Unfortunately, Mahershala Ali has only appeared in 15 films, and while none of them are really bad, some are simply not up to par with the best of the bunch. So while "The Wronged Man" falls in our "worst" pile, we still wholeheartedly recommend taking a gander at this story about a lawyer (Ormond) who goes to bat for a client (Ali) serving a life sentence for a crime he may not have actually committed. 

Best: Alita: Battle Angel

Following his Oscar-winning role in "Moonlight," Mahershala Ali had his choice of projects to pick from. The actor spun his newfound fame into roles in "Green Book" and "Spider-Man: Into the Spider-Verse," then leapt on the Robert Rodriguez-James Cameron production "Alita: Battle Angel." In this 2019 sci-fi thriller, he enjoyed a juicy part as the villainous (albeit complicated) Vector, a character whose criminal operations within Iron City pose a threat to our titular hero.

Ali's performance is solid and he makes for a formidable bad guy, even if his snarling entrepreneur mostly conducts his business far away from the action. His abrupt transformations into Nova, an even more dastardly villain capable of controlling the minds of others, including Vector, are quite effective if not downright scary.

The film itself doesn't quite reach the heights it aspires to, but still offers enough visceral action, nifty special effects and a rockin' Junkie XL score to warrant a watch or two. It helps to also have a strong cast that includes Rosa Salazar, Christoph Waltz, Jennifer Connelly and Edward Norton (in a surprise cameo).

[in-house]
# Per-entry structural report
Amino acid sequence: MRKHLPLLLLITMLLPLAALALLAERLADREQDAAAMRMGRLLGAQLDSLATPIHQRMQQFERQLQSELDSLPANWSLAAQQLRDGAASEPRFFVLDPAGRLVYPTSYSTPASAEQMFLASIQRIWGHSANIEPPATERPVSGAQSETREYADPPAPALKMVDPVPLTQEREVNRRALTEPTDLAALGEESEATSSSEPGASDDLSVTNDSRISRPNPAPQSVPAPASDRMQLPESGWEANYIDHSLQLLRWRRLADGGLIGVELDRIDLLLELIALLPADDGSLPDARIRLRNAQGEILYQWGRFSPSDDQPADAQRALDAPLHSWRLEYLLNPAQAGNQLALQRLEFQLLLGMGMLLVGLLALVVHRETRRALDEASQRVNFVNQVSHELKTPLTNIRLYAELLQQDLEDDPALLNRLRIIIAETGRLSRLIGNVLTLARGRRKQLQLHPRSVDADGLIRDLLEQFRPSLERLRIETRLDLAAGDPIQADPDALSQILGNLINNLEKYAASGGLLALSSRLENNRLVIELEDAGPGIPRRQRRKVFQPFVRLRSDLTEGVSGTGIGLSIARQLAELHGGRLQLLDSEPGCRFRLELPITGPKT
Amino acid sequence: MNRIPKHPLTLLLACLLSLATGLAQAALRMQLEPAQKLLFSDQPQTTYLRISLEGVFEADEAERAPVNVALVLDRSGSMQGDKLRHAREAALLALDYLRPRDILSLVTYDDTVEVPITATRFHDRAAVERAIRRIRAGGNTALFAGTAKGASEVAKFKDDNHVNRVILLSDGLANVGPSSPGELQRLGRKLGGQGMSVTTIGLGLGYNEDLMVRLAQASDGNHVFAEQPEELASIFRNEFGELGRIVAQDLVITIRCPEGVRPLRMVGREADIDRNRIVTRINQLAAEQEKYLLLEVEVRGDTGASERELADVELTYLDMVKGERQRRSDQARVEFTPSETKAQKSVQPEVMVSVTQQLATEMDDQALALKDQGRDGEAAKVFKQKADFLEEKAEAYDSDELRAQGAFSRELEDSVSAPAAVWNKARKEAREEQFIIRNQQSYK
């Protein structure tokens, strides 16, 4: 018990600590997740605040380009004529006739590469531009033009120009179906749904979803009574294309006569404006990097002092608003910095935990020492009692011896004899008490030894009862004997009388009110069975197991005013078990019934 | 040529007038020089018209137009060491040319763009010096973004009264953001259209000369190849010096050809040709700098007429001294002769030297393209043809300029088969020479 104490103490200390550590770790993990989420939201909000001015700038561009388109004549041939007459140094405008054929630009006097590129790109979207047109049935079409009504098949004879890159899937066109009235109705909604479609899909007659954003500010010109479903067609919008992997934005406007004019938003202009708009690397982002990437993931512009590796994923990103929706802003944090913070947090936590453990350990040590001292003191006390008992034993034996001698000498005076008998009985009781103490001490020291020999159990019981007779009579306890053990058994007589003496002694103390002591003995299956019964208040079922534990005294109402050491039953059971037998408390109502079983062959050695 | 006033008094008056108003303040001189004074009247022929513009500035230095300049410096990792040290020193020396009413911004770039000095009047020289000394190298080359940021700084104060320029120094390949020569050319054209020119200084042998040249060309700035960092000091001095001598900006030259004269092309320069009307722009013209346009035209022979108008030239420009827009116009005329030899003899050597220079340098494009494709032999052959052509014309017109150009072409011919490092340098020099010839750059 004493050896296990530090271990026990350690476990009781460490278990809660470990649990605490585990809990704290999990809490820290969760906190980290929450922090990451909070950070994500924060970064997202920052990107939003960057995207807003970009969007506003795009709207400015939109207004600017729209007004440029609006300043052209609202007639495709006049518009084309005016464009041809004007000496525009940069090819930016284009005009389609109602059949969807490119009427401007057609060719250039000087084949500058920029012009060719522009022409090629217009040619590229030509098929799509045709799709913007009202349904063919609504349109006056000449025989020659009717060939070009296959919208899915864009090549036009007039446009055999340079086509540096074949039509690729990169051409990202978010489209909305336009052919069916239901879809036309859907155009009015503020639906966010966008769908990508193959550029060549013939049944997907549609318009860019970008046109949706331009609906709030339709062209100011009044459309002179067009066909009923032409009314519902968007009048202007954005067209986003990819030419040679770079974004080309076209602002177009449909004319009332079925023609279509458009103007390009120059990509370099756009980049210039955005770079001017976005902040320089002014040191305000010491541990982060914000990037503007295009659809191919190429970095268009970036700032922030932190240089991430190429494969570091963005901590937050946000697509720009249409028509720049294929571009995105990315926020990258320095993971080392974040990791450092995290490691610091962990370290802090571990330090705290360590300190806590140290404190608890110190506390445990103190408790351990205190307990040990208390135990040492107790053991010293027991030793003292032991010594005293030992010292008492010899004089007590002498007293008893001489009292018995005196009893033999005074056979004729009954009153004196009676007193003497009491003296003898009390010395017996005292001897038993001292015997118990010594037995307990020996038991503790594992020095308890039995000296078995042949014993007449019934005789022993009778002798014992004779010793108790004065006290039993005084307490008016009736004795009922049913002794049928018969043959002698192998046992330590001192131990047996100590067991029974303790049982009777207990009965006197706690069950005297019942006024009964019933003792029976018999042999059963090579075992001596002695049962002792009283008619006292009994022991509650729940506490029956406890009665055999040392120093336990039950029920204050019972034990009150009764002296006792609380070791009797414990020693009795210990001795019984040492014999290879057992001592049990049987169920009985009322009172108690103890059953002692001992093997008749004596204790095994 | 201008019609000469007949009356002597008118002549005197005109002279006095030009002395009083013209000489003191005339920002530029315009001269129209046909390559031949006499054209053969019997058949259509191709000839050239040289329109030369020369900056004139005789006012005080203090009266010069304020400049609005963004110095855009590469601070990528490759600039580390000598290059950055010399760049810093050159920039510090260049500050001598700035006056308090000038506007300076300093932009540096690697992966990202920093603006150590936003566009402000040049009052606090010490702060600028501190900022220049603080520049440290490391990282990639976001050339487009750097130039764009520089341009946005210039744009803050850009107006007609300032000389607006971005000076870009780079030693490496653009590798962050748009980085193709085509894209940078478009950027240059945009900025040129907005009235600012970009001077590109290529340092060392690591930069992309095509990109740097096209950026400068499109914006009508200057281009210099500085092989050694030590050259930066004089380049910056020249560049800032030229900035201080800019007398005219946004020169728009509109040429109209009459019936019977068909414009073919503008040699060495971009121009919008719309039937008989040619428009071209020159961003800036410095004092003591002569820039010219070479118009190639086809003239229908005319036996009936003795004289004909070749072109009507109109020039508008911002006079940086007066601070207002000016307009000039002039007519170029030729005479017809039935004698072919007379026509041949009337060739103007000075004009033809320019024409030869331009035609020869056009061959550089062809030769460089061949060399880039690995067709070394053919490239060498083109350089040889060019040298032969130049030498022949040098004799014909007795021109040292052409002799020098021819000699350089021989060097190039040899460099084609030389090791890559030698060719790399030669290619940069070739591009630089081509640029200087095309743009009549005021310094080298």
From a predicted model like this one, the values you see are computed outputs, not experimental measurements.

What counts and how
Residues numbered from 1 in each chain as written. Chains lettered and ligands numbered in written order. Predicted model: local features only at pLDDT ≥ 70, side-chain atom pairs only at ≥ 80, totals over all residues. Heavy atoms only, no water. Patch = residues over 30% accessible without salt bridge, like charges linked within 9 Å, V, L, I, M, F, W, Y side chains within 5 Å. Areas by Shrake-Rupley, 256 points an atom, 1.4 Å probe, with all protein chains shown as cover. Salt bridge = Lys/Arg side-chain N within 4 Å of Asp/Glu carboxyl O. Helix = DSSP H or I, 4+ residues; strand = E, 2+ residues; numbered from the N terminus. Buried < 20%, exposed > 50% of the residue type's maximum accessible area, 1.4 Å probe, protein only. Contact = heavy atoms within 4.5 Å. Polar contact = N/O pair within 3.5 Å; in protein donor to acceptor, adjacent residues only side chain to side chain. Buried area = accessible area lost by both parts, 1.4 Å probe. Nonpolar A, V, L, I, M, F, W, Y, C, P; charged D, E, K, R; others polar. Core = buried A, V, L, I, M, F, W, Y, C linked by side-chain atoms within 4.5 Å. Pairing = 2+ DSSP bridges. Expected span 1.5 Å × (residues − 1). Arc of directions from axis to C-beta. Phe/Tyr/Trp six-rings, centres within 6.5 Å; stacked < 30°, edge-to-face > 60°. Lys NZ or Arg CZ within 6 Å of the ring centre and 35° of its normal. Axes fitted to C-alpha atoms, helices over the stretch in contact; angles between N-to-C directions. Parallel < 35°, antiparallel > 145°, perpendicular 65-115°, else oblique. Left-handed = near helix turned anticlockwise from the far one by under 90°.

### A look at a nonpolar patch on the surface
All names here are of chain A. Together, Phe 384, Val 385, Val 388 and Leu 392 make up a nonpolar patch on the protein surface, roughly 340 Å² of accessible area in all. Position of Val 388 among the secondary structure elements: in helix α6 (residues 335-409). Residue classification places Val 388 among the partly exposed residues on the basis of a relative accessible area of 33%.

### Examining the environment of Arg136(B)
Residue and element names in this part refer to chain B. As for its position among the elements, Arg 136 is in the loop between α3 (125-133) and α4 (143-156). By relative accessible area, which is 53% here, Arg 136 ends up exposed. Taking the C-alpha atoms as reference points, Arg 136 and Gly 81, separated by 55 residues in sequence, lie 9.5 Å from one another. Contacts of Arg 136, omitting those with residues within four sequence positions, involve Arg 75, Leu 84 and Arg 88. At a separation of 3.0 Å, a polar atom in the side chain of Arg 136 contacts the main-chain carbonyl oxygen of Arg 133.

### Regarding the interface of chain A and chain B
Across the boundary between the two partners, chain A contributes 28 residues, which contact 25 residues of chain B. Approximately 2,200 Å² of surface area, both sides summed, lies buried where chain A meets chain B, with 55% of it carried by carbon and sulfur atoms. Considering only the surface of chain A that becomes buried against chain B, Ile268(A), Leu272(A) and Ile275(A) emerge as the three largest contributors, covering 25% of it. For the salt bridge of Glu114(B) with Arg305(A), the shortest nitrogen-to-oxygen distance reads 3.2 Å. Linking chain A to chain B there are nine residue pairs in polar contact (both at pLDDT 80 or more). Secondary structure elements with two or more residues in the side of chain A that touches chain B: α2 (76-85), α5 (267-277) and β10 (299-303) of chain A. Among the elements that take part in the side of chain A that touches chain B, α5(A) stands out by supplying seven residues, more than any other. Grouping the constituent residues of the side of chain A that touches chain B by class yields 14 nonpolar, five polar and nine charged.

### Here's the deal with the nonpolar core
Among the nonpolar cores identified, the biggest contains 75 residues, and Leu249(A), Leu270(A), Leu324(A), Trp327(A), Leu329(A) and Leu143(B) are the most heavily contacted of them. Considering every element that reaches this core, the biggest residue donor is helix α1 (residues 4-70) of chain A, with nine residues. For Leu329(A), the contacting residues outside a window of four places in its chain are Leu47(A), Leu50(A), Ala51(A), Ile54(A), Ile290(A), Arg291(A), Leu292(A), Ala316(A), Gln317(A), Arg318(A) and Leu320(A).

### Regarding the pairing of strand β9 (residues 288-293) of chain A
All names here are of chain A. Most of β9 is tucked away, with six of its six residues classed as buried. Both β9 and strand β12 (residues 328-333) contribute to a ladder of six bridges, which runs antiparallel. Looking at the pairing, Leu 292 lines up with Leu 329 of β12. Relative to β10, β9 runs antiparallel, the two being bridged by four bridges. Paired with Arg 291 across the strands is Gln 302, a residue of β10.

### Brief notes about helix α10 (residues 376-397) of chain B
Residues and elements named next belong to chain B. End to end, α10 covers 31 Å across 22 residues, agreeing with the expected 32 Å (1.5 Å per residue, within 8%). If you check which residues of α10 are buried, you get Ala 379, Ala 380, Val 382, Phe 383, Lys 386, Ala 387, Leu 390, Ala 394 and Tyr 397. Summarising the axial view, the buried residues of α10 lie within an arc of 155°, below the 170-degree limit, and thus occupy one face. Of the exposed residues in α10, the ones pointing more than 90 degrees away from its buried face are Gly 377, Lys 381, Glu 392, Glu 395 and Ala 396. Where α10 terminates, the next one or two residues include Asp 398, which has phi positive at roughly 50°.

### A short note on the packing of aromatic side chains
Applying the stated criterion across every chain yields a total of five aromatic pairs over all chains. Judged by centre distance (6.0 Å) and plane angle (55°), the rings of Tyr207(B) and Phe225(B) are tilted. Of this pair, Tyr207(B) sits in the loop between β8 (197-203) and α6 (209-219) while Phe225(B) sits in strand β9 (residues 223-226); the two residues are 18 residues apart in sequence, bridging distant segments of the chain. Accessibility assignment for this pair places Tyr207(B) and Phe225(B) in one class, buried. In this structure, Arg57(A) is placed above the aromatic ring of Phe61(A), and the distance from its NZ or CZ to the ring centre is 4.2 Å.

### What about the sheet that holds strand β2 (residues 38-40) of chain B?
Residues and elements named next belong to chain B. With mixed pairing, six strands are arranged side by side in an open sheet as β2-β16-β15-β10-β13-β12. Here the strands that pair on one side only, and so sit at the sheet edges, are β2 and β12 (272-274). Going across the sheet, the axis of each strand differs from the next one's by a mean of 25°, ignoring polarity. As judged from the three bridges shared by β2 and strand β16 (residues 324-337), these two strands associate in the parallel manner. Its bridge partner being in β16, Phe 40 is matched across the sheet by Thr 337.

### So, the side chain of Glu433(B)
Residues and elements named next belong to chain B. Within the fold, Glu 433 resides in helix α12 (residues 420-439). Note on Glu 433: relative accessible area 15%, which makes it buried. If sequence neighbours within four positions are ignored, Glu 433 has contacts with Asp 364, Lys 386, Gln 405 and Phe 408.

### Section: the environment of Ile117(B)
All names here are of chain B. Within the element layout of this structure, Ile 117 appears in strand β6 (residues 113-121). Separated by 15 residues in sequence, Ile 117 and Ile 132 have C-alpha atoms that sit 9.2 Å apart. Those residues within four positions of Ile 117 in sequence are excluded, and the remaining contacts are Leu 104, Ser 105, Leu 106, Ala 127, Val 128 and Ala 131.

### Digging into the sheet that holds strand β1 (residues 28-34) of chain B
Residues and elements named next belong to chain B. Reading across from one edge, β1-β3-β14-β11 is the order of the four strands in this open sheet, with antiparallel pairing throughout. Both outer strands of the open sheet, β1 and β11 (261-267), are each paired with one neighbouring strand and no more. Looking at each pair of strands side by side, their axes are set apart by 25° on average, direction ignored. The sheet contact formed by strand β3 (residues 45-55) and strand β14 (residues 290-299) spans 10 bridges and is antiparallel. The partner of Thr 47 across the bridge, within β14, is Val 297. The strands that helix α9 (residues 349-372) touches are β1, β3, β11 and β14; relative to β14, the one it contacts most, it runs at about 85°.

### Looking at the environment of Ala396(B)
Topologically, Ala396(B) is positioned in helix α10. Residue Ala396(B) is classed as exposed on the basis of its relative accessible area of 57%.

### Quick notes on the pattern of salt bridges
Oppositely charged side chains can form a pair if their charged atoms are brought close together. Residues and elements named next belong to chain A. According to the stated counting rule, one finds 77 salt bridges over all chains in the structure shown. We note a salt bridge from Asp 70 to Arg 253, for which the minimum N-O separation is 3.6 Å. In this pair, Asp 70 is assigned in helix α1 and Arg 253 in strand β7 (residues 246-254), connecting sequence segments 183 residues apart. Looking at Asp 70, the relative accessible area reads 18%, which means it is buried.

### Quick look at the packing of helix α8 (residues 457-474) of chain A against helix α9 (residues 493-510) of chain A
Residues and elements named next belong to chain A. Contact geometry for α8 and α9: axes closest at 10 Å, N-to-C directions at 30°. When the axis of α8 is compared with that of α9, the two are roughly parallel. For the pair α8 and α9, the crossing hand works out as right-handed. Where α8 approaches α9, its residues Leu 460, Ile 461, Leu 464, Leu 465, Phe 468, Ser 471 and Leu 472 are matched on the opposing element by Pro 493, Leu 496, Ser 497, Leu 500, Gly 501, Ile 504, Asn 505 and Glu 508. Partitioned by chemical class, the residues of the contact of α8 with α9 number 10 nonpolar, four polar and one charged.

However, the biggest issue is that Alita's story is incomplete. Rumors abound that a sequel may come at some point in the future. Considering the first film's meager box office revenue — at least, compared to its astronomical production cost — no one seems eager for follow-ups, which is a shame as this is a world we would love to revisit in the years ahead.

Worst: The Place Beyond the Pines

"The Place Beyond the Pines" is one of those films that feels like it could have been a classic, but unfortunately only taps the surface of its vast potential. Starring Ryan Gosling, Bradley Cooper, Eva Mendes, Rose Byrne, Ben Mendelsohn and Mahershala Ali, "Pines" tells three separate but interlocking stories revolving around fathers and the effect their choices have on their sons. It's a fascinating exercise sprawled across multiple time periods, none of which merge in a satisfying manner. 

Director Derek Cianfrance occasionally delivers spectacle — notably a few exciting motorcycle sequences early on —  but directs the 2012 picture with a heavy hand, making the hefty 140-minute production more of a chore than a revelation.

Still, Cianfrance at least has the guts to kill off a notable main character early on, which is something you don't see all that often, and the talented director does get the most from his exceptional cast. 

Unfortunately, as the story plods along, it becomes more difficult to care about the increasingly mundane plots, the characters' intersecting lives, and the overall significance of the story. As noted by David Denby in The New Yorker, "['Pines'] holds your attention from moment to moment, [but] by the end leaves you grasping for the experience you haven't had."